So a strategy of rogue printing could very well mean the emergence of a strong and a weak afghan. (Some of you will recognize this as Gresham's law in operation). That sounds like sci-fi, but as I've been hinting at throughout this post, this sort of strange currency divorce isn't all that new. I wrote about Iraq's experience here.
The short version is that prior to the 1991 Gulf War, Iraqi dinar notes had been printed by a private printer, De La Rue. De La Rue's printing plates were manufactured in Switzerland. Cut off from De La Rue after the war, Iraq's leader Saddam Hussein had a new series printed up locally. These were known as the Saddam dinar and circulated at a discount to the Swiss dinar.
Iraq isn't the only example of currency separation. I've written about Libya's near split in 2016. More recently, I described the Yemeni rial breaking into two.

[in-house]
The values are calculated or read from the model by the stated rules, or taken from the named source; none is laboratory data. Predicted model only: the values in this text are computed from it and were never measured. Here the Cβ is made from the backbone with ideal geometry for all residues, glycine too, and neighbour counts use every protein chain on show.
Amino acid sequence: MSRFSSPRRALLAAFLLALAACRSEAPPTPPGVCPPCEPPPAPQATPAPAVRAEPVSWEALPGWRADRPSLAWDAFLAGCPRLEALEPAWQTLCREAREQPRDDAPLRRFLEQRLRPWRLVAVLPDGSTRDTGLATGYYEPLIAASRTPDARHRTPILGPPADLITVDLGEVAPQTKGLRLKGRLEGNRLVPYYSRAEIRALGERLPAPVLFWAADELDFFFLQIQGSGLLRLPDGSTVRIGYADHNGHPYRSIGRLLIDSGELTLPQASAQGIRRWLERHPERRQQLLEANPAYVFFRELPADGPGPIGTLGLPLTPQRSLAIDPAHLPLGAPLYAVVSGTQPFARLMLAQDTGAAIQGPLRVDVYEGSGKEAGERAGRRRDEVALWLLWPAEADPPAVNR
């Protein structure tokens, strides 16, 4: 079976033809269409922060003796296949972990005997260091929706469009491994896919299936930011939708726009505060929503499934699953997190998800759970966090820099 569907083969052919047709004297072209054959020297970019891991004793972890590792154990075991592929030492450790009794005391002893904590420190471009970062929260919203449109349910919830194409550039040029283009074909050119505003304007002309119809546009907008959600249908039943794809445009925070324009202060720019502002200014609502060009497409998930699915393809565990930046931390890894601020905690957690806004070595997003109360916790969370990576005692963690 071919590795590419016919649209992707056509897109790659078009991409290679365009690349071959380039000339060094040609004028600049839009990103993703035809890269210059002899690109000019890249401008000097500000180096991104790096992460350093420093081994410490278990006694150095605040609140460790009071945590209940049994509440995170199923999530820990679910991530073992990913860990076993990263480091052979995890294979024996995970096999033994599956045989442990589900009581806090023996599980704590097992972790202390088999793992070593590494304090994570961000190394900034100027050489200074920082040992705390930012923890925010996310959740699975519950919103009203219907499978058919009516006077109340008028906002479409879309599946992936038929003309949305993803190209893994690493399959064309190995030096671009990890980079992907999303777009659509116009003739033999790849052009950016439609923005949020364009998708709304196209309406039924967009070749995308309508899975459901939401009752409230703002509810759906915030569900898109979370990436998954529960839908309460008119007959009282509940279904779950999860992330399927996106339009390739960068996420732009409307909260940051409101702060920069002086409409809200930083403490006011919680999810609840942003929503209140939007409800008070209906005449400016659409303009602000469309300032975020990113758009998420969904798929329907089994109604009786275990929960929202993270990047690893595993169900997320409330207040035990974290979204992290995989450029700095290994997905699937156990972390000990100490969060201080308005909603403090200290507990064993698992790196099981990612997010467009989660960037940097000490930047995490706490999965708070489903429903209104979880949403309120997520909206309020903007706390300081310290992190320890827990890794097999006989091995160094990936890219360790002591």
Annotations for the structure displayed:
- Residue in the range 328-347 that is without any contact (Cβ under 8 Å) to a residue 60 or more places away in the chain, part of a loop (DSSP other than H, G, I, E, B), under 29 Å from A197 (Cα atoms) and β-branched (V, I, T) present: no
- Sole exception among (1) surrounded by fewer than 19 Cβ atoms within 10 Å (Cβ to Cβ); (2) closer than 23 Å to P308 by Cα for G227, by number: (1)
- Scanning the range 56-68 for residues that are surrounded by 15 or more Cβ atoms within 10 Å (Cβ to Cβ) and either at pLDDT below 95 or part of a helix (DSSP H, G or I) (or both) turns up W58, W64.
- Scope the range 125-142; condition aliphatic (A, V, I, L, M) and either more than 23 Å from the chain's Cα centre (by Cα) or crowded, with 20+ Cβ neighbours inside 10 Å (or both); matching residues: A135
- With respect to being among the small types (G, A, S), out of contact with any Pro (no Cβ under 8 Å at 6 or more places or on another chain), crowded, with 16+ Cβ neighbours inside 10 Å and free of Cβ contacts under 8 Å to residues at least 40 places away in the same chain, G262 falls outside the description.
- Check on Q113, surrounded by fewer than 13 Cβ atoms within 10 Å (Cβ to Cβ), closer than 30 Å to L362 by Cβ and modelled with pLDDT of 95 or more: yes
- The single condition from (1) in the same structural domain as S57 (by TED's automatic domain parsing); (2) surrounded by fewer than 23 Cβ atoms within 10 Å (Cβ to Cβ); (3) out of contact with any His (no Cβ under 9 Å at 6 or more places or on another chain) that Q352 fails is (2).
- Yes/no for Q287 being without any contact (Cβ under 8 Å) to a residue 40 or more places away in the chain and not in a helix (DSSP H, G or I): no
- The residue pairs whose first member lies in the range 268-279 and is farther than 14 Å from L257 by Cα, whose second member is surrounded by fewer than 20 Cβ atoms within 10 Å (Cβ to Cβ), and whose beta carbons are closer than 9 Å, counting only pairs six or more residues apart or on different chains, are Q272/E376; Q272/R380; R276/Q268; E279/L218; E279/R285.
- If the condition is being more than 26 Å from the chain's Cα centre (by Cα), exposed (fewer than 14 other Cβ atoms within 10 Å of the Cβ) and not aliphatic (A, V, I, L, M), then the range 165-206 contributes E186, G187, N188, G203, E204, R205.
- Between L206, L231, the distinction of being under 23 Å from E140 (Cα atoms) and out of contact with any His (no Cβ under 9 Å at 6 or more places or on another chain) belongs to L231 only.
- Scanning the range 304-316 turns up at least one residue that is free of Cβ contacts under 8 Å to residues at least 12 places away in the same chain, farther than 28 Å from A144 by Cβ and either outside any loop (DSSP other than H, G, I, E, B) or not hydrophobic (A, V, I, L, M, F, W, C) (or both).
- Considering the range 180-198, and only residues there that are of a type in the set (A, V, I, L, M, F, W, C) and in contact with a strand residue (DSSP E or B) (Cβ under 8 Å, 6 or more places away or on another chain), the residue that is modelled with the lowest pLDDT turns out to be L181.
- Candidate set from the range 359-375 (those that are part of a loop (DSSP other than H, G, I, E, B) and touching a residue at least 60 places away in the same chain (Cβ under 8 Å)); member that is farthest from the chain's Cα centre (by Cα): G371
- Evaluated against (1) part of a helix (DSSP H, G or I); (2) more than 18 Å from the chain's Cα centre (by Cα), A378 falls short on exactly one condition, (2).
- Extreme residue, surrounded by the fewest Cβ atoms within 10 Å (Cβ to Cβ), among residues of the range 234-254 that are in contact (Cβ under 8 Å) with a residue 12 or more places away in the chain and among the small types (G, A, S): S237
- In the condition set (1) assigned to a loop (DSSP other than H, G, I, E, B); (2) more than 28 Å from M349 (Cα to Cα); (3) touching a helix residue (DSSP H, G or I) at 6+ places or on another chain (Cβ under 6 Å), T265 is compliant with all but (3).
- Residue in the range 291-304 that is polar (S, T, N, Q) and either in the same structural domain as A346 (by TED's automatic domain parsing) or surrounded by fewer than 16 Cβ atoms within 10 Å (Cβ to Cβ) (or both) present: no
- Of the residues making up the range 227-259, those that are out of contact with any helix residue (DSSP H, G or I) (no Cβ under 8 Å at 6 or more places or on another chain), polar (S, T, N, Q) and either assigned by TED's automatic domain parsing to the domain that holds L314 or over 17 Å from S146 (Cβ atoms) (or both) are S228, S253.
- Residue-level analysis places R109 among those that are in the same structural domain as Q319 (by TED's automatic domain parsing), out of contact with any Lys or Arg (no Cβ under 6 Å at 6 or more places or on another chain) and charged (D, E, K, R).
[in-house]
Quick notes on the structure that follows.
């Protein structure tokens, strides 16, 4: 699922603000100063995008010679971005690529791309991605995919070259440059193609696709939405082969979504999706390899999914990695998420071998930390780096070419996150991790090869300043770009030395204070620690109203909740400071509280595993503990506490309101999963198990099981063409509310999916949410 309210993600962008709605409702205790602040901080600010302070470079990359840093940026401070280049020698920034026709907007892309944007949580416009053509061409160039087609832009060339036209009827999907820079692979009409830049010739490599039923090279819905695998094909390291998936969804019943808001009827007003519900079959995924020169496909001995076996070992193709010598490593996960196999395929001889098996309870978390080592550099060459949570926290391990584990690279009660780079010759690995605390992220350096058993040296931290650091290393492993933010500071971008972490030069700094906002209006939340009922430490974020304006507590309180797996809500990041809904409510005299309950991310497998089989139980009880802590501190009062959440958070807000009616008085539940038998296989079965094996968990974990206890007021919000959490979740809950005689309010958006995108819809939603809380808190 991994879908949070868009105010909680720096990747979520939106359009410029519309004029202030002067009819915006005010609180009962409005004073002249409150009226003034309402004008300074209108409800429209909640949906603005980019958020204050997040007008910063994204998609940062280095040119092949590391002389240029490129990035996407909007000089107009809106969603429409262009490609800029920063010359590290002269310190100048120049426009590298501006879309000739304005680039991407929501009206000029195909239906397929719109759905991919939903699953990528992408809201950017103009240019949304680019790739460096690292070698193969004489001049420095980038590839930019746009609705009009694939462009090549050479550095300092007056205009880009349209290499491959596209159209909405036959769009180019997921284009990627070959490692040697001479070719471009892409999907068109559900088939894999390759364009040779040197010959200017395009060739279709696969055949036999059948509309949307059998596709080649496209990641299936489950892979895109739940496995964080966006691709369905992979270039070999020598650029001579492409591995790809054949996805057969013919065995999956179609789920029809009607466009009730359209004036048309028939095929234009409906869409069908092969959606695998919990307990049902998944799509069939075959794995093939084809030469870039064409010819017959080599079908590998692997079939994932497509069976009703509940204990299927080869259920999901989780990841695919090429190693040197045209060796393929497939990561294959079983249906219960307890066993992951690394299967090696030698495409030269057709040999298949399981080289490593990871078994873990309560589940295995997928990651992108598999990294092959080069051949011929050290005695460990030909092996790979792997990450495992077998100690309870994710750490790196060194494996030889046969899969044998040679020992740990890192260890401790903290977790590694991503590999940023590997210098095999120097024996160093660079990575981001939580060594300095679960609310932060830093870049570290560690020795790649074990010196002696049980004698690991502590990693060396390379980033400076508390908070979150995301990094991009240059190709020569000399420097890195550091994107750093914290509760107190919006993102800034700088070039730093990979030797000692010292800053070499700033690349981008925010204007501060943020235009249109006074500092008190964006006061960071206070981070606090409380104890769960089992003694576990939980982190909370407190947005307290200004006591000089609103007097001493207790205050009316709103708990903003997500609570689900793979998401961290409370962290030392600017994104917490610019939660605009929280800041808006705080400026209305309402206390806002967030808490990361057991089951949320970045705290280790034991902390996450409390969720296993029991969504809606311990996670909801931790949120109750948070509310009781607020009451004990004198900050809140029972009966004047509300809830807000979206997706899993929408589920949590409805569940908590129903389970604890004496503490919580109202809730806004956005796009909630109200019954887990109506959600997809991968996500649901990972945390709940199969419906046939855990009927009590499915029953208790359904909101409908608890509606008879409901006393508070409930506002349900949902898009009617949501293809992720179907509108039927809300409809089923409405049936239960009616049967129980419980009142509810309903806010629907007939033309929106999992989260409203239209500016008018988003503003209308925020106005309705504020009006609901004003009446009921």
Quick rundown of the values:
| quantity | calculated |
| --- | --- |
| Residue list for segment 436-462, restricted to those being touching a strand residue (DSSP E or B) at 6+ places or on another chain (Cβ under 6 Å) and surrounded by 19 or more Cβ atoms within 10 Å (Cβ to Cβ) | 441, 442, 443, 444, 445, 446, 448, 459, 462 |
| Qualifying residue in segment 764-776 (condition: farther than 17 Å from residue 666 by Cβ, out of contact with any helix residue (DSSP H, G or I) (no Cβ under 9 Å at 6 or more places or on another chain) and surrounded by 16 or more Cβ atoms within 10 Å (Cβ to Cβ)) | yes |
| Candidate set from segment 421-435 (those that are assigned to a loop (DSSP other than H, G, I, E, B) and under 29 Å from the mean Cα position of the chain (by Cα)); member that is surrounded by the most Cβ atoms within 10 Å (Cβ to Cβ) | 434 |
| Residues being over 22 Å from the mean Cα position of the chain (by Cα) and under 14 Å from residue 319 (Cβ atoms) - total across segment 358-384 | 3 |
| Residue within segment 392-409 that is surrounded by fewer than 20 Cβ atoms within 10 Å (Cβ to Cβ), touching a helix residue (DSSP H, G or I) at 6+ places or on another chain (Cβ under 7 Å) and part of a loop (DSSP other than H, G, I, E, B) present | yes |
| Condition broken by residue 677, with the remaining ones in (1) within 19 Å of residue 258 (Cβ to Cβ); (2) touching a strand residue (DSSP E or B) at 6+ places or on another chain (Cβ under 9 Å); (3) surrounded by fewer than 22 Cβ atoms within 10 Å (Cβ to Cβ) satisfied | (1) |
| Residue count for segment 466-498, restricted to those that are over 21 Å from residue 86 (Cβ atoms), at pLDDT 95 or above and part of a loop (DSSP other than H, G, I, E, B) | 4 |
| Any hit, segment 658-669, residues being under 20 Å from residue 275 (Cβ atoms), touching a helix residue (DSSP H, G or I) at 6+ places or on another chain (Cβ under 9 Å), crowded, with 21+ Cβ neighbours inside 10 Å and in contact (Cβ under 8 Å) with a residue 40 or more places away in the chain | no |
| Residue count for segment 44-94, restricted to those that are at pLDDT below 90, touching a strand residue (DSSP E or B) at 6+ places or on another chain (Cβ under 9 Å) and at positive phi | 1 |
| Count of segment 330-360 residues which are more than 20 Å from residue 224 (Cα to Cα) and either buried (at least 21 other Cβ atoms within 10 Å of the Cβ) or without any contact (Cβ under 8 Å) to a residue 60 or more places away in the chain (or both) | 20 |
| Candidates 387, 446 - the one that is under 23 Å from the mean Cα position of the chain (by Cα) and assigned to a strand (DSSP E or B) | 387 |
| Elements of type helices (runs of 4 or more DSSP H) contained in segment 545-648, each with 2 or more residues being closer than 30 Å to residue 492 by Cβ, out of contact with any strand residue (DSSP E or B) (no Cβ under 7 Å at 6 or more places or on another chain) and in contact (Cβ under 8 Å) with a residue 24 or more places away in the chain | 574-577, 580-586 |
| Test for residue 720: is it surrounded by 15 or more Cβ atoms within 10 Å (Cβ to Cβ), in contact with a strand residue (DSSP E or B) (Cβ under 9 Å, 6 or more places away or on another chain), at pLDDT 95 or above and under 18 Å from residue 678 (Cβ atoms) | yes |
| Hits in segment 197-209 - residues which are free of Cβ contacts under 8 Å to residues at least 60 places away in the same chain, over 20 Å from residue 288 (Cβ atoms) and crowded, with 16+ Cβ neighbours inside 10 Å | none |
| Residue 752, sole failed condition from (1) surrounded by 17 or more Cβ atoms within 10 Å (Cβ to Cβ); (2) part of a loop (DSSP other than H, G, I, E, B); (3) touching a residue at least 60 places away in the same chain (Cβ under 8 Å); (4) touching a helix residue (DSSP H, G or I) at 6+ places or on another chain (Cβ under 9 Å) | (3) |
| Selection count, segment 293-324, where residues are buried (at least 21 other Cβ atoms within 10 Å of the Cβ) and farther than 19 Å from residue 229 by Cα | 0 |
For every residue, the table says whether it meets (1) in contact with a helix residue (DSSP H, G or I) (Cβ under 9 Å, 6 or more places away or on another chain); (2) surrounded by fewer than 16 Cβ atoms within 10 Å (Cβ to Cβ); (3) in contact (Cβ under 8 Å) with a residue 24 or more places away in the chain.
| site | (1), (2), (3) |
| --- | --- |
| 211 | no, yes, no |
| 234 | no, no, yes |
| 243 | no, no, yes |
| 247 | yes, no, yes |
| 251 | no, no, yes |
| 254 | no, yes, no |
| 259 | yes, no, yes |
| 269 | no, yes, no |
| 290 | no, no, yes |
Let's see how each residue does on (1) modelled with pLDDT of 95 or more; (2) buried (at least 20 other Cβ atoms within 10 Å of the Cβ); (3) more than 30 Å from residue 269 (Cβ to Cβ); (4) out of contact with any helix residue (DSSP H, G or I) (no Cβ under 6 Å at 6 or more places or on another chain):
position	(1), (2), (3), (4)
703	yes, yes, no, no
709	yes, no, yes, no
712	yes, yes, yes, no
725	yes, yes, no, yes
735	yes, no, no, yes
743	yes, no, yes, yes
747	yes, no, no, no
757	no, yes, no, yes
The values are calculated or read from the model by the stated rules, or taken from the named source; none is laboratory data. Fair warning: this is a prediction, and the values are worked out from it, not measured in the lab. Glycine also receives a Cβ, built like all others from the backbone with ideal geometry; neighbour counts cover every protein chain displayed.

Yemen remains home to one of the world's oddest monetary situations. The entire Yemeni monetary system has split on the basis of the age of its banknotes, with pre-2016 notes being worth much more than newer notes.— John Paul Koning (@jp_koning) August 3, 2021
See chart below. Old rial notes are in blue, new in orange.
The possibility of a dramatic rupture of the afghani might be enough to get the Taliban to swear off the rogue printing option altogether. It may seek to work with the U.S. (i.e. submit to certain U.S. demands) in order to get access to both its Polish-printed notes and New York assets.
As for the U.S., it may agree to work with the Taliban-run DAB for humanitarian reasons, subject to certain conditions (i.e. limits on how banknotes can be issued). This compromise between enemies might lead to a surprising amount of stability for the Afghan afghani.
I've now written two blog posts about the Afghan afghani, both of them describing wildly different scenarios. What's evident is that the situation is a volatile one. It could proceed along any of vast number of arcs.